One Reason We’ve Lost Ground

Many rank-and-file Republicans, whether they’re activists or just voters, marvel at the fact that Republicans have lost ground in the past several years.

What is amazing about this descent is that a great deal of work by a lot of thoughtful people has gone into efforts that should’ve resulted in gains, not losses. We’ve got research institutions and think tanks laying out the facts and making the case for what works. So why are we losing ground? Obviously because the individuals with the power to make changes chose to ignore the prescriptions for what ails government.

How could this have happened? After all, our leaders know what needs fixing and the fix has been spelled out in detail already. Part of the “how” can be explained simply. Many assume that if a person attains high office they’re up to the task that office demands. That’s often a bad assumption – just look at the judgment of many of the individuals with their hands on the levers of power.

Don’t bother talking about the war, or the realities of life following September 11, 2001 as an excuse for inaction. Times of crisis are opportunities to advance good causes because political leaders have the attention of the public to a greater degree.

Nationally the issues are easy to sum up. We need entitlement reforms. We need tax reform. Not commissions or rhetoric, but serious change. We need to control discretionary spending. If there were ever an excuse to do that, you would think the expenses of war would do the trick. Instead, Speaker Dennis Hastert and company spent without control.

The recently released report of the U.S. House’s Committee on Standards of Official Conduct regarding the Mark Foley scandal shows that Speaker Hastert and his team couldn’t even handle something on which there is no debate. Foley should’ve been dealt with severely early on but wasn’t because he shared a preference for male-male sex like many other important Republican Congressional staffers.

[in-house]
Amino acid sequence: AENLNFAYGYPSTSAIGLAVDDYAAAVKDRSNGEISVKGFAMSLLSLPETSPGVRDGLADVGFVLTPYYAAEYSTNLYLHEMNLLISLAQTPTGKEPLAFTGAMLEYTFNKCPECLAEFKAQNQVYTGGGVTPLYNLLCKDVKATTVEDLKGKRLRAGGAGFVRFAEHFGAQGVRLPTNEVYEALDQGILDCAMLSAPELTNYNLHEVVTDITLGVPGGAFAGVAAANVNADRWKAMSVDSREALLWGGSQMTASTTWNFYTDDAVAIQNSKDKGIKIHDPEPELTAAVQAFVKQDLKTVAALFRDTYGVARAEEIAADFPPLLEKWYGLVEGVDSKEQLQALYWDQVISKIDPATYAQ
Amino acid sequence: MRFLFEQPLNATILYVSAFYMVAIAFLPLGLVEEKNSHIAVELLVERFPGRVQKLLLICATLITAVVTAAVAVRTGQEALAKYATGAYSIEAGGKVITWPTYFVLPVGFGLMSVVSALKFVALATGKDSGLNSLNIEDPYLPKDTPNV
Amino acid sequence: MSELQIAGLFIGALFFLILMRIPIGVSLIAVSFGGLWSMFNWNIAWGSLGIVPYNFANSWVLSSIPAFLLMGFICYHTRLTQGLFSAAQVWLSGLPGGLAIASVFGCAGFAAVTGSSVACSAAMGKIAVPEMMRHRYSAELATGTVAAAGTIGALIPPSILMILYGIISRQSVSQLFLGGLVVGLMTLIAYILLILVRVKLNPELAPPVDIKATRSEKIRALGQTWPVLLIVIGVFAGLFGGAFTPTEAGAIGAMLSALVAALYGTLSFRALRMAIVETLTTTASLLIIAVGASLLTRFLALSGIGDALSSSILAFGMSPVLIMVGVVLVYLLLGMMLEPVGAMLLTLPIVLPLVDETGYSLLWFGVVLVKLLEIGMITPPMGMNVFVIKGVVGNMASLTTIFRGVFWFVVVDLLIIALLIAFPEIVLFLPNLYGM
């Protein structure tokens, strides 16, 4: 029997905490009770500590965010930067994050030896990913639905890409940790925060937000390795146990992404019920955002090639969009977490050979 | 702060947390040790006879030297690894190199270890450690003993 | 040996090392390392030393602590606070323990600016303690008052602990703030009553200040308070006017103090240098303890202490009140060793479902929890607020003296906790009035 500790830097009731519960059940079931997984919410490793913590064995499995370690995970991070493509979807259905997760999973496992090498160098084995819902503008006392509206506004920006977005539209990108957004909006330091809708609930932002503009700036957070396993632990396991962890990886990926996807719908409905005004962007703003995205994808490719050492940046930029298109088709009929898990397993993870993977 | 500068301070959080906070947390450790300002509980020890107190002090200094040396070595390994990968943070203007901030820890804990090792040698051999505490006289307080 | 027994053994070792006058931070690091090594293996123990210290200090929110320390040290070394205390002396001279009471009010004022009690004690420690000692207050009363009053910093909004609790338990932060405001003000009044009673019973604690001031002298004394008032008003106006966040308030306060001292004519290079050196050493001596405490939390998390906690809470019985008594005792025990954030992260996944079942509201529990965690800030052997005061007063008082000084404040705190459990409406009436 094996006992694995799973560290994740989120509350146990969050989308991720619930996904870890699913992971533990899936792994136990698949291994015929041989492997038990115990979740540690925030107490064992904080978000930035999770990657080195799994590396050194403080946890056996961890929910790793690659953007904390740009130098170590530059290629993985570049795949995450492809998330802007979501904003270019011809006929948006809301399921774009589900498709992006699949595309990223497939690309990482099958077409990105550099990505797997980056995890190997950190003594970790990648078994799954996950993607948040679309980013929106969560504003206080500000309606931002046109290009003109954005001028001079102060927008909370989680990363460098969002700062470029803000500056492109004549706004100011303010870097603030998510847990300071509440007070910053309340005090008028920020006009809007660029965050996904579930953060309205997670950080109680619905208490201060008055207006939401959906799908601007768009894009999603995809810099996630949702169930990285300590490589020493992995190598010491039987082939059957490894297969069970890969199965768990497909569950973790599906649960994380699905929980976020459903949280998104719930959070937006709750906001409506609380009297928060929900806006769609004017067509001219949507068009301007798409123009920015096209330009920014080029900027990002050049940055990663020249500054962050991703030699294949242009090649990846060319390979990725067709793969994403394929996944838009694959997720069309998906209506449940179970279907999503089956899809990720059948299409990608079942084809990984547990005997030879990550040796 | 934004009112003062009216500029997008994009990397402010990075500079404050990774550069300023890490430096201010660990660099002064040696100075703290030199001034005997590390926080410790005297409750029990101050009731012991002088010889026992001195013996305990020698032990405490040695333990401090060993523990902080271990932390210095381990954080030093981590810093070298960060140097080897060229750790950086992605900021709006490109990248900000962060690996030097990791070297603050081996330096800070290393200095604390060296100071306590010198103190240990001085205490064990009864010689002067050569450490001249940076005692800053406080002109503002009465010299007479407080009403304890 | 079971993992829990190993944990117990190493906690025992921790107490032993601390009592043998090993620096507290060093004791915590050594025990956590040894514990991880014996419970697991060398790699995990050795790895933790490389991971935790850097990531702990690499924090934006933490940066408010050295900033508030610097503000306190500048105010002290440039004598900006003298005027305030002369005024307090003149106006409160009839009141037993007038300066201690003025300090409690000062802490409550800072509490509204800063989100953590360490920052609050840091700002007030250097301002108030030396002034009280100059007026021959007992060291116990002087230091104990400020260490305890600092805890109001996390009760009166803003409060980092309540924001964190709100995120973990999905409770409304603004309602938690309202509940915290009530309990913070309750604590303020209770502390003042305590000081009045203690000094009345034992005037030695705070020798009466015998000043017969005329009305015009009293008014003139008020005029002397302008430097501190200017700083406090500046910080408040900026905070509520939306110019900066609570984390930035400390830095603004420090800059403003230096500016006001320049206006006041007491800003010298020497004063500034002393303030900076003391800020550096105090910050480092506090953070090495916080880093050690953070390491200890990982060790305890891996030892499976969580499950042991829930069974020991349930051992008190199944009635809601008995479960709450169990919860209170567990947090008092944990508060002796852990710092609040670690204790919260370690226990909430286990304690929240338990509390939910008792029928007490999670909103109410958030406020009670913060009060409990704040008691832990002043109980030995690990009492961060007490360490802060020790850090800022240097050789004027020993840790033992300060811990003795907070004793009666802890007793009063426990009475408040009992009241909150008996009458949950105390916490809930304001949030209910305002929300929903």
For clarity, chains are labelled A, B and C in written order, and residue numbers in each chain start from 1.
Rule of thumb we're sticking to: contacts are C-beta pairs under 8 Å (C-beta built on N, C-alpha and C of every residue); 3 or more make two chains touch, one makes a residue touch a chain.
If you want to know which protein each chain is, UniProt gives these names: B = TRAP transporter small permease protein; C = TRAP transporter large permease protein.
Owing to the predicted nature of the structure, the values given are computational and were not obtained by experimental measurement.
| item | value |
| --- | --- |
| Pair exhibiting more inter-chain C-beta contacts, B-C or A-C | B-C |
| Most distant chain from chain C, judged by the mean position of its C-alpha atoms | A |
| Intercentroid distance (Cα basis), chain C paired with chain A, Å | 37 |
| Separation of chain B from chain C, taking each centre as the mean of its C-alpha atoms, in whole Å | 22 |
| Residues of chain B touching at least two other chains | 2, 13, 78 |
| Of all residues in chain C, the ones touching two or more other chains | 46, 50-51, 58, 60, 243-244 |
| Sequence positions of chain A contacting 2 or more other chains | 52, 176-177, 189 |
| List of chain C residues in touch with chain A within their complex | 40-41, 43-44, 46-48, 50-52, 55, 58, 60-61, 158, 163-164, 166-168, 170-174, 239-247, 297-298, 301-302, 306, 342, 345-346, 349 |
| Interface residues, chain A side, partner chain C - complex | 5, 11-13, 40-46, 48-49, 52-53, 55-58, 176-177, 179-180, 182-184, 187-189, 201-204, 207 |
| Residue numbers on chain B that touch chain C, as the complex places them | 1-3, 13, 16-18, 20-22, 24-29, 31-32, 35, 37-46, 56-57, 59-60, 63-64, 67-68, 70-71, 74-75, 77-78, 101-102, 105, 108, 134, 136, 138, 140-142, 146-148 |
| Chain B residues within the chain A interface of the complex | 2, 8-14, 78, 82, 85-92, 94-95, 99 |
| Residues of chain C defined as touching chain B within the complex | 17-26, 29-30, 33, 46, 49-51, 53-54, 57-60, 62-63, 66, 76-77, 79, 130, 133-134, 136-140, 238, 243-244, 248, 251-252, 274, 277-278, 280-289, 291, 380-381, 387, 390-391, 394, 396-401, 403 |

To act required clear thinking. Too many inside Speaker Hastert’s office and others on Capitol Hill favored the propagation of a confused politically correct approach to human sexual impulses and behavior.

If we are going to find leadership that understands the challenges we face, a good first step will be to see if they have good judgment regarding one important and simple matter. Do they understand that human sexual impulses are different than race, nationality, and gender? Race, nationality and gender are ways to describe what a person is. Sexual impulses are part of the human condition; a person is not what they desire or what they do.

Speaker Dennis Hastert and his staff failed the country for eight years. Sure, there were successes, and yes, progress was made on a few issues. But anyone arguing that we are better off as a country than we were eight years ago (when Hastert became Speaker) will have a tough case to make.